Forty-one coal-fired power plants are expected to be retired this year in the United States, representing 88 percent—more than 5.3 gigawatts—of the 5.97 gigawatts of electric power generating capacity being taken offline this year, according to U.S. Energy Information Administration data. Most of the rest are tiny plants that run on crude oil or landfill gas.
The coal-fired power plants being shuttered are mostly being replaced by solar, natural gas, and wind power plants. Of the 26 gigawatts of new power plants coming online nationwide in 2016, the largest share comes from solar—9.5 gigawatts, or 36.5 percent. Natural gas comes in second, followed by wind and nuclear, according to the EIA.
Dawn Santoianni, spokeswoman for Charlotte, North Carolina-based Duke Energy, the world’s largest utility based on market value, said that the company is committed to reducing emissions regardless of the legal outcome for the Clean Power Plan.
In the next five years, Duke plans to retire an additional 2.2 gigawatts of coal capacity, invest $4 billion in new natural gas facilities, and invest $3 billion in renewables, she said.
Tom Schmitz, spokesman for Pacific Gas and Electric, one of the West’s largest utilities and a major supporter of the Clean Power Plan, said California’s many environmental and climate regulations and emissions reduction mandates have been driving the company’s investments in renewables and natural gas for years.
“We have achieved a carbon dioxide emissions rate that is roughly two-thirds cleaner than the national average for electric utilities,” Schmitz said. “More than 50 percent of the electricity PG&E delivers to its customers comes from renewable or carbon dioxide-free sources.”
He said PG&E is on course to meet the California’s renewables goal of generating 33 percent of its power from renewables—excluding hydropower because the state does not consider hydro renewable—by 2020 and 50 percent by 2030.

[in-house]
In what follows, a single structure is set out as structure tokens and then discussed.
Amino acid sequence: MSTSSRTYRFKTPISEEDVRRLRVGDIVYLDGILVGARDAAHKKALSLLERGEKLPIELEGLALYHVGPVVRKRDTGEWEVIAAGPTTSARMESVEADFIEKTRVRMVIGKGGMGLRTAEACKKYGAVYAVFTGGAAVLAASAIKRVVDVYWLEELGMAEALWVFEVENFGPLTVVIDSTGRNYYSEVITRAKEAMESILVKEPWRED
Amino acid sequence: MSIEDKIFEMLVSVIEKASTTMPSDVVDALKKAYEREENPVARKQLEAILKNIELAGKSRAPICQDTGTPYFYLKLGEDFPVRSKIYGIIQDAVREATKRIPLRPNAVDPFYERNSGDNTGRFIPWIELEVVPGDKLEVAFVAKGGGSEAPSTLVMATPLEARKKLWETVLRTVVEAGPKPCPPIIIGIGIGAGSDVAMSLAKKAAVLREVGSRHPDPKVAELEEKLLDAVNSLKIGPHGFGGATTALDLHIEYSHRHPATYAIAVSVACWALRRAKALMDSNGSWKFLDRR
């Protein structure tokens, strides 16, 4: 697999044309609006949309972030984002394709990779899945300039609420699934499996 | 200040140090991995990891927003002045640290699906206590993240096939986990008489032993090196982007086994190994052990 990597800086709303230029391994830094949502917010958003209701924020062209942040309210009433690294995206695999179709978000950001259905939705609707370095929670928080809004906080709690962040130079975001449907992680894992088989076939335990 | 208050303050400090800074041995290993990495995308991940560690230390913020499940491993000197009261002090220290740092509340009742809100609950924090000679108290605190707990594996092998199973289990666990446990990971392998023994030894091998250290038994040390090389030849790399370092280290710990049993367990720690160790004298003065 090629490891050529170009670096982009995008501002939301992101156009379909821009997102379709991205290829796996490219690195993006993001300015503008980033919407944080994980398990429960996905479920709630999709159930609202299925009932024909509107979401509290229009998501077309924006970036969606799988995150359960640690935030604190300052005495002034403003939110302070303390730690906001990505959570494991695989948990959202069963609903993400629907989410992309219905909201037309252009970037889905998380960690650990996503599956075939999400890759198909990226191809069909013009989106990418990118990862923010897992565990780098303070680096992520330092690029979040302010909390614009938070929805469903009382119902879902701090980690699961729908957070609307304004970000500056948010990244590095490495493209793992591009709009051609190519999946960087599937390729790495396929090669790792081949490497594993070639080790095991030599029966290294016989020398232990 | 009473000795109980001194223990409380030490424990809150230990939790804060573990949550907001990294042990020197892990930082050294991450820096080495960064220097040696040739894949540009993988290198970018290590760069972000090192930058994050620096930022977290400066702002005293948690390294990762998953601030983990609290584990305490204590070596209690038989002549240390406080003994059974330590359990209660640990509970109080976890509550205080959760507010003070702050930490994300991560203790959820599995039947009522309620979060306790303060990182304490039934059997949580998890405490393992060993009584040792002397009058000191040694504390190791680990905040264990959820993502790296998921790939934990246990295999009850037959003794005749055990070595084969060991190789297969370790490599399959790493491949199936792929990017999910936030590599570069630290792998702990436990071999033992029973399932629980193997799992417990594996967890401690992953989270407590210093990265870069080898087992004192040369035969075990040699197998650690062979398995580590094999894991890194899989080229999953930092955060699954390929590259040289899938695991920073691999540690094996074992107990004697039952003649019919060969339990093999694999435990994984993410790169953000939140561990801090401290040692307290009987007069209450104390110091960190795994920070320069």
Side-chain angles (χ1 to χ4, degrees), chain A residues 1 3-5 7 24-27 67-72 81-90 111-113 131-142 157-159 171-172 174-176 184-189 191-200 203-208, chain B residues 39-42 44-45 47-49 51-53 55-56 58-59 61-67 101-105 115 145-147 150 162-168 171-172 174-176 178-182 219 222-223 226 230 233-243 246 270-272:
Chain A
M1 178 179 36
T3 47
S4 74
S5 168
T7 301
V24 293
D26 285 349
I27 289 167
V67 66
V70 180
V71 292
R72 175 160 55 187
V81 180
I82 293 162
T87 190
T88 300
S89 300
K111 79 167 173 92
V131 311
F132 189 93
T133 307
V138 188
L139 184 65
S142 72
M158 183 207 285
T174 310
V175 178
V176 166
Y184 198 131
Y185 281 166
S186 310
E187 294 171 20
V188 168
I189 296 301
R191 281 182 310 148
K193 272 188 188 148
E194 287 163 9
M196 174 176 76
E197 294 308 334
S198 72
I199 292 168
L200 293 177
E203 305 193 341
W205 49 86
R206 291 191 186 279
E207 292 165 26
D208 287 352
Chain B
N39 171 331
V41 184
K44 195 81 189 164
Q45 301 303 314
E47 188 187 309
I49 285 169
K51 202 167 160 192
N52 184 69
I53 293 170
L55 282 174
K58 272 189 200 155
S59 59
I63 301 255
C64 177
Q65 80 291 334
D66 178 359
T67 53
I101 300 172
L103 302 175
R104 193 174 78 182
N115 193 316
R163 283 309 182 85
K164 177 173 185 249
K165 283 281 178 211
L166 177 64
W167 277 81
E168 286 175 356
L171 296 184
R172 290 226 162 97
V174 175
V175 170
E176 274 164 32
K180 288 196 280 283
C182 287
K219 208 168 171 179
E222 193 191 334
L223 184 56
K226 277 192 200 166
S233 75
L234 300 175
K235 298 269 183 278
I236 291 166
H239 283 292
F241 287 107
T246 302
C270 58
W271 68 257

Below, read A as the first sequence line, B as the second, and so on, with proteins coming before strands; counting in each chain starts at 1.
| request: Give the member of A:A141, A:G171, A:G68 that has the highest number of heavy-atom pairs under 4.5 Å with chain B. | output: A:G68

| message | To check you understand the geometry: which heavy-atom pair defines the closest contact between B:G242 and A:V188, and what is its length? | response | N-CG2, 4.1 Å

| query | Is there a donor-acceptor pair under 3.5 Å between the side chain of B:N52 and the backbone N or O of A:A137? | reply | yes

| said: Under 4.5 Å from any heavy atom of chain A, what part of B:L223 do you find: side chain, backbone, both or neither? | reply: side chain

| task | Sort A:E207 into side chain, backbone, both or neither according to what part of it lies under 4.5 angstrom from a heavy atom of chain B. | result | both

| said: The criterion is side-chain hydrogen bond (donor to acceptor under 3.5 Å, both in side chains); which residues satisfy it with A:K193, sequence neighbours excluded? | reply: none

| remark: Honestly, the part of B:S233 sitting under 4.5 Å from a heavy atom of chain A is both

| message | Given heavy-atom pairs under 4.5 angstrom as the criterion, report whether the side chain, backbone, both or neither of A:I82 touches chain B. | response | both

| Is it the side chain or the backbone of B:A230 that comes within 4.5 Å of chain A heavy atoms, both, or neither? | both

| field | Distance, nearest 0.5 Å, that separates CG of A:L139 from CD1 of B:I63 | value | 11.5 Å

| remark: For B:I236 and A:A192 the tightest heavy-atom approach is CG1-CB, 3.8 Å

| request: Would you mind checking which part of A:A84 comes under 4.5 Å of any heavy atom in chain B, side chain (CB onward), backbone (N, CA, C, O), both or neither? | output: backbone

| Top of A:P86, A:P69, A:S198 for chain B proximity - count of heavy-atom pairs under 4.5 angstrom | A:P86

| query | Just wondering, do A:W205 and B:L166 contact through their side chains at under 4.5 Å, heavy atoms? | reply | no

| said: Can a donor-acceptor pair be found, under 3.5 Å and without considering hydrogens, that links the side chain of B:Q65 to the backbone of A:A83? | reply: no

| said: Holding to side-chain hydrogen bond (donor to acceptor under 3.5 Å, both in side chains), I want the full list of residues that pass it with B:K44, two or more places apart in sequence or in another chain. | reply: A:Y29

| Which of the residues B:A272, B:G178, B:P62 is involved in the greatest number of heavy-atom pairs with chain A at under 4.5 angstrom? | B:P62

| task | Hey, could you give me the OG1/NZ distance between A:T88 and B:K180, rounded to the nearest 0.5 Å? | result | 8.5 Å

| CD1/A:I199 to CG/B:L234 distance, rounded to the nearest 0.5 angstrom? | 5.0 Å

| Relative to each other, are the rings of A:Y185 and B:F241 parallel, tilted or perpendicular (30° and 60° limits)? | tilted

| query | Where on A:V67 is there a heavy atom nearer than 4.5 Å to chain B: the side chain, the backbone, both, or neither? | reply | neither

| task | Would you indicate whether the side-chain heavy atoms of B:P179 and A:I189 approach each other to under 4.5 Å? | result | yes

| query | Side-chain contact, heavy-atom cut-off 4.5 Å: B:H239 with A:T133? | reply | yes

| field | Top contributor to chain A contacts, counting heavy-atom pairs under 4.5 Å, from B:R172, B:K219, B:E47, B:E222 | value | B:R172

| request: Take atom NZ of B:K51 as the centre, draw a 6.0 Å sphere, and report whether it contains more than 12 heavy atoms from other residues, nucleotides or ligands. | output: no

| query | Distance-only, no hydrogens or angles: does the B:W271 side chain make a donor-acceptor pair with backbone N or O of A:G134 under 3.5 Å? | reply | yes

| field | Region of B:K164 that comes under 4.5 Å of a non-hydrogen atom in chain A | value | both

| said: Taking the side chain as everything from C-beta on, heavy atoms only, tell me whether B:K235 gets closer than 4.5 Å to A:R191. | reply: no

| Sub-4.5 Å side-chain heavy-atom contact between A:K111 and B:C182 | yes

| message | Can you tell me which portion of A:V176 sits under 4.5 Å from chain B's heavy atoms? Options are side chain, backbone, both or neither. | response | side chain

Atlanta-based Southern Company, the country’s fourth-largest electric power utility, has reduced its coal power generation from 70 percent to 35 percent in recent years. The company is among those investing in what it calls “21st Century Coal,” which includes coal gasification plants and carbon capture and storage research, spokeswoman Meredith Leigh Knight said.
The company is building a coal gasificiation plant in Mississippi, which will transform coal into gas that generates electricity. The company says the $6.5 billion plant will reduce carbon emissions by 65 percent compared to a typical coal-fired power plant, but its critics say it could be one of the most expensive power plants ever built.
“As we have shifted from coal to gas, we have maintained the flexibility of our generating fleet,” Knight said. “Without federal mandates, the Southern Company system achieved greenhouse gas emission reductions almost 20 percent below 2005 levels.”
Increasingly, utilities see those greenhouse gas reductions as sound business decisions, with low natural gas prices and other market forces giving energy companies less incentive to make further investments in coal, said NRDC's Morris.
“Just from a business case, I don’t know how you can stand before your shareholder and say that’s a good strategy,” he said.
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Americans know which way the energy winds are blowing—and in the heartland, they’re blowing mightily.